The court case that followed showed that Pierre was working for Captain Burrows and that they were threshing corn. As this was thirsty work, drink was served as usual, but Pierre had more than his fair
share and Captain Burrows, seeing that he was drunk, told him to “leave off work and come down from the load of straw”.
Pierre refused and “caught hold of him by the throat and cried out, ‘I’ll kill you’’. There was a struggle and Captain Burrows hit Pierre over the head with a fork, leading to them both being arrested. Eventually, both were freed with Pierre bound over to keep the peace.
Prison Register 1931–1948
The Prison Register opened this year covers the period 1931-1948 and includes the names and stories of the men and women who passed through the Prison during this time. This covers the Occupation period and the Register shows both prisoners who appeared in Jersey courts and those who appeared before the German courts that were established in the Island at the time.
The Register begins in 1931 and lists the name of each prisoner, the date of their imprisonment, the authority ordering the imprisonment, the offence and the sentence. The Register also lists personal details, including an individual’s age, height and hair colour, their occupation, religion and birthplace, and interestingly their weight on entry into the Prison and later at discharge. Previous convictions were also noted, as are any particular marks such as tattoos and scars. Finally, the Register lists the date of discharge and any remarks.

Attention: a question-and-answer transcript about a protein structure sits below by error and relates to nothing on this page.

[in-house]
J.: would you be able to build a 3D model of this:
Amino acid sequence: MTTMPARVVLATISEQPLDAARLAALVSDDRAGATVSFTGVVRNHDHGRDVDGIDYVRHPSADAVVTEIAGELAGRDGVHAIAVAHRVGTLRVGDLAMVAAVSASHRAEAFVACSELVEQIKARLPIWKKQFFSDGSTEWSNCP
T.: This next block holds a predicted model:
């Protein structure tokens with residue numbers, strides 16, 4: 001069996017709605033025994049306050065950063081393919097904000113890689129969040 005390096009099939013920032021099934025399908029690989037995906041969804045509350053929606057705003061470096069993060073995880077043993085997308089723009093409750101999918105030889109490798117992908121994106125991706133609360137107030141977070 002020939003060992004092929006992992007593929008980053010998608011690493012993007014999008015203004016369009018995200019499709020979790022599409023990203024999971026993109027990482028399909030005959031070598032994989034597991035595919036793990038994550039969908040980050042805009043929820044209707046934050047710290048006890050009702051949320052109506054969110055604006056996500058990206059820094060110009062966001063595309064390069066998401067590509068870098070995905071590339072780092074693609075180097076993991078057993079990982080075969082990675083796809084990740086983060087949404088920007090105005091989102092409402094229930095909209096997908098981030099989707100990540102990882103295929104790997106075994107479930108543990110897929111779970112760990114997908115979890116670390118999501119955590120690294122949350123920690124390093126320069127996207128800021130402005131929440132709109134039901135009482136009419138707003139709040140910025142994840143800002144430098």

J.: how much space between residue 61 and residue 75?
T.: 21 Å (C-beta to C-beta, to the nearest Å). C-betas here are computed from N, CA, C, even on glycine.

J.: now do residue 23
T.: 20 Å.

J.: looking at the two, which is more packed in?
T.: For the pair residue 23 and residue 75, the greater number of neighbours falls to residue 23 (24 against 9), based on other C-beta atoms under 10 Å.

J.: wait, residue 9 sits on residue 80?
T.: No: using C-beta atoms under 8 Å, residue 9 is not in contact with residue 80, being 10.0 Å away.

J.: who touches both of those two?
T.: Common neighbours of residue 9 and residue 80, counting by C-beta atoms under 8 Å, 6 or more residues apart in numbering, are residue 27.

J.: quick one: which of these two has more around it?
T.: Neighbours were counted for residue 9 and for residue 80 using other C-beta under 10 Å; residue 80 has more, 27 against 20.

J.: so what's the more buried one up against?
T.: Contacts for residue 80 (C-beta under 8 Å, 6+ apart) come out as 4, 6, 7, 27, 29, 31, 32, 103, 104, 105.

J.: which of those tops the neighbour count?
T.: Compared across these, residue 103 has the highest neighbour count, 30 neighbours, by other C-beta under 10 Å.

The first person mentioned in the Register who was imprisoned on the order of the Island Commandant of German Occupation is Gordon Surguy, who was tried for wilful damage on 19 August 1940 by order of the German Military Authorities.
On 20 September 1940, Maria Louisa Clara Crawford-Morrison was imprisoned by the German Authorities for insults under the penal code; she was sentenced to 14 days imprisonment. Maria was born in Chile and was one of the many individuals deported from Jersey in September 1942.
The Register includes names familiar to Occupation historians, such as Canon Clifford John Cohu, who was sentenced to 18 months in prison for his involvement in disseminating news listened to on wireless sets that had been banned by the German Authorities. Cohu was sent to France on 13 July 1943 and died in Zöshcen Forced Labour Camp.
The Prison Register also includes the names of Joe Tierney, Arthur Dimmery and John Whitley Nicolle, all of whom worked with Cohu to spread news from the BBC and all of whom died on the continent in German prison and internment camps.
The D-Day landings of 6 June 1944 and Allied incursion into Normandy and then the rest of France and Europe effectively left Jersey cut off. For political prisoners this meant that, rather than being transported to prison and forced labour camps in Europe, their sentences would be carried out in the Jersey prison. The part of the Register dating from the second half of 1944 and first half in 1945 shows a number of political prisoners entering the prison for committing offences against the German Authorities. Joe Mière talks about the overcrowding in the Prison in his book ‘Never to be Forgotten’ recalling that the German Authorities ordered the Jersey Government to build a wooden hut in the Prison grounds to deal with the number of prisoners.
Joe’s name appears in the Prison Register as he was sent to prison on 5 March 1945 after being tried in the German courts on 30 January for continual anti-German demonstrations and continually insulting the Occupying Forces. The Register shows that Joe was sentenced to one year and six months in prison but, like many others, he was released on 7 May just prior to Liberation Day.